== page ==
150 MHz FSB
The only way to speed up a 133 MHz processor is rising the system clock some more. Most motherboards offer 140, 142, 145, 150 and sometimes even 155 + 160 MHz bus speed. While most boards still run stable at 150 MHz, 155 MHz or more seem to be a problem for the chipset.
At this higher FSB speed, all components are being overclocked: CPU, chipset, controllers, graphics card and memory. If only one component fails, the system won't run stable any more. The following table will show you your options:
|Multiplier||133 MHz FSB||150 MHz FSB|
|Pentium III 533/133||4.0||-||600 MHz|
|Pentium III 550/100||5.5||733 MHz||825 MHz 1|
|Pentium III 600/100||6.0||800 MHz||900 MHz 1|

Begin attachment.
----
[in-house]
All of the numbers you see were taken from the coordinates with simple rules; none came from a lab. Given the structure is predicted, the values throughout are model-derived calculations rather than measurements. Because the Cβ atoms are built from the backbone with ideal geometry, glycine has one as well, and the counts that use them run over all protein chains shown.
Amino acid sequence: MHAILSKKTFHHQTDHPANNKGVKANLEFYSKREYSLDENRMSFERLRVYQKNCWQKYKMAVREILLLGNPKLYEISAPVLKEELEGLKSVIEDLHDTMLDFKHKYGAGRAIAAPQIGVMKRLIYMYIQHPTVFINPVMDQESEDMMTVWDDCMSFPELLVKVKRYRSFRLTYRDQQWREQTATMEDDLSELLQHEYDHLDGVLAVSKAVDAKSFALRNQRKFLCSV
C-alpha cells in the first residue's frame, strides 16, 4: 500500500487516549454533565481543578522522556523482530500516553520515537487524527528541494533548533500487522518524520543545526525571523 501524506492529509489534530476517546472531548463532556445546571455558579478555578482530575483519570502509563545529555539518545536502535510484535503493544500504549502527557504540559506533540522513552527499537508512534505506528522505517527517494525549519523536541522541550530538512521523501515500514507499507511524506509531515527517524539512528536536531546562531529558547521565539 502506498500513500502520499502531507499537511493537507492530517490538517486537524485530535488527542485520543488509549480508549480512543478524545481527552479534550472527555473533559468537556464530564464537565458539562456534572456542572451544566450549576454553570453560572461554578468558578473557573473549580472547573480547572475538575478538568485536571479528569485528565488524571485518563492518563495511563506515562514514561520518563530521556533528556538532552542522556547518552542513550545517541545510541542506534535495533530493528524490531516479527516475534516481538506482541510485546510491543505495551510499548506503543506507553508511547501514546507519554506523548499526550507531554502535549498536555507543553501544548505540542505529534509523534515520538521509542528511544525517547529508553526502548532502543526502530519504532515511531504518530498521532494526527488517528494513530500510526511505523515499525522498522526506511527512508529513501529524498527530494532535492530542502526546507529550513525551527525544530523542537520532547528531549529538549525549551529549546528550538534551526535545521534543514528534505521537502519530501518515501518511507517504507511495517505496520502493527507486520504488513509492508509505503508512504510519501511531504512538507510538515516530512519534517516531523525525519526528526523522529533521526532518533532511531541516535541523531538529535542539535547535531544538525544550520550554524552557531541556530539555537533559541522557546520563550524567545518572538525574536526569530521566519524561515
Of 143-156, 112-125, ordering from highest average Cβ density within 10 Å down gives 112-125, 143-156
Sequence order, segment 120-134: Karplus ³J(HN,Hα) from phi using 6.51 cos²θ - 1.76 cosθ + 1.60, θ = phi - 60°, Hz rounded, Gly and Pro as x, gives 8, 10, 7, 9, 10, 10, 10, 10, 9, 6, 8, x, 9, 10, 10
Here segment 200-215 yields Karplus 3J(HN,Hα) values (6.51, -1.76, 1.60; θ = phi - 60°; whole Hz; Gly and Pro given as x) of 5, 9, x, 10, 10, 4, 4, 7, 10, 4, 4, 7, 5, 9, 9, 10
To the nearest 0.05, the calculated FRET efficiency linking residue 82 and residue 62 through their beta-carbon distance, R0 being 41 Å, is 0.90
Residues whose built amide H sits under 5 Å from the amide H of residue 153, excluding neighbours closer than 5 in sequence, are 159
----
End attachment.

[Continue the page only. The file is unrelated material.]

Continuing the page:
|Pentium III 600/133||4.5||-||675 MHz|
|Pentium III 650/100||6.5||866 MHz||975 MHz 1|
|Pentium III 667/133||5.0||-||750 MHz|
|Pentium III 733/133||5.5||-||825 MHz 1|
|Pentium III 800/133||6.0||-||900 MHz 1|
1 This setting might fail
Only the slower Coppermine CPUs for 100 MHz FSB can be recommended for overclocking, as the faster versions come with too high multipliers. The 650 MHz model would have to do 866 MHz at 133 MHz FSB or 975 MHz in case of 150 MHz FSB, which both is usually too much. As always, only with some luck you may get a CPU which tolerates this speed.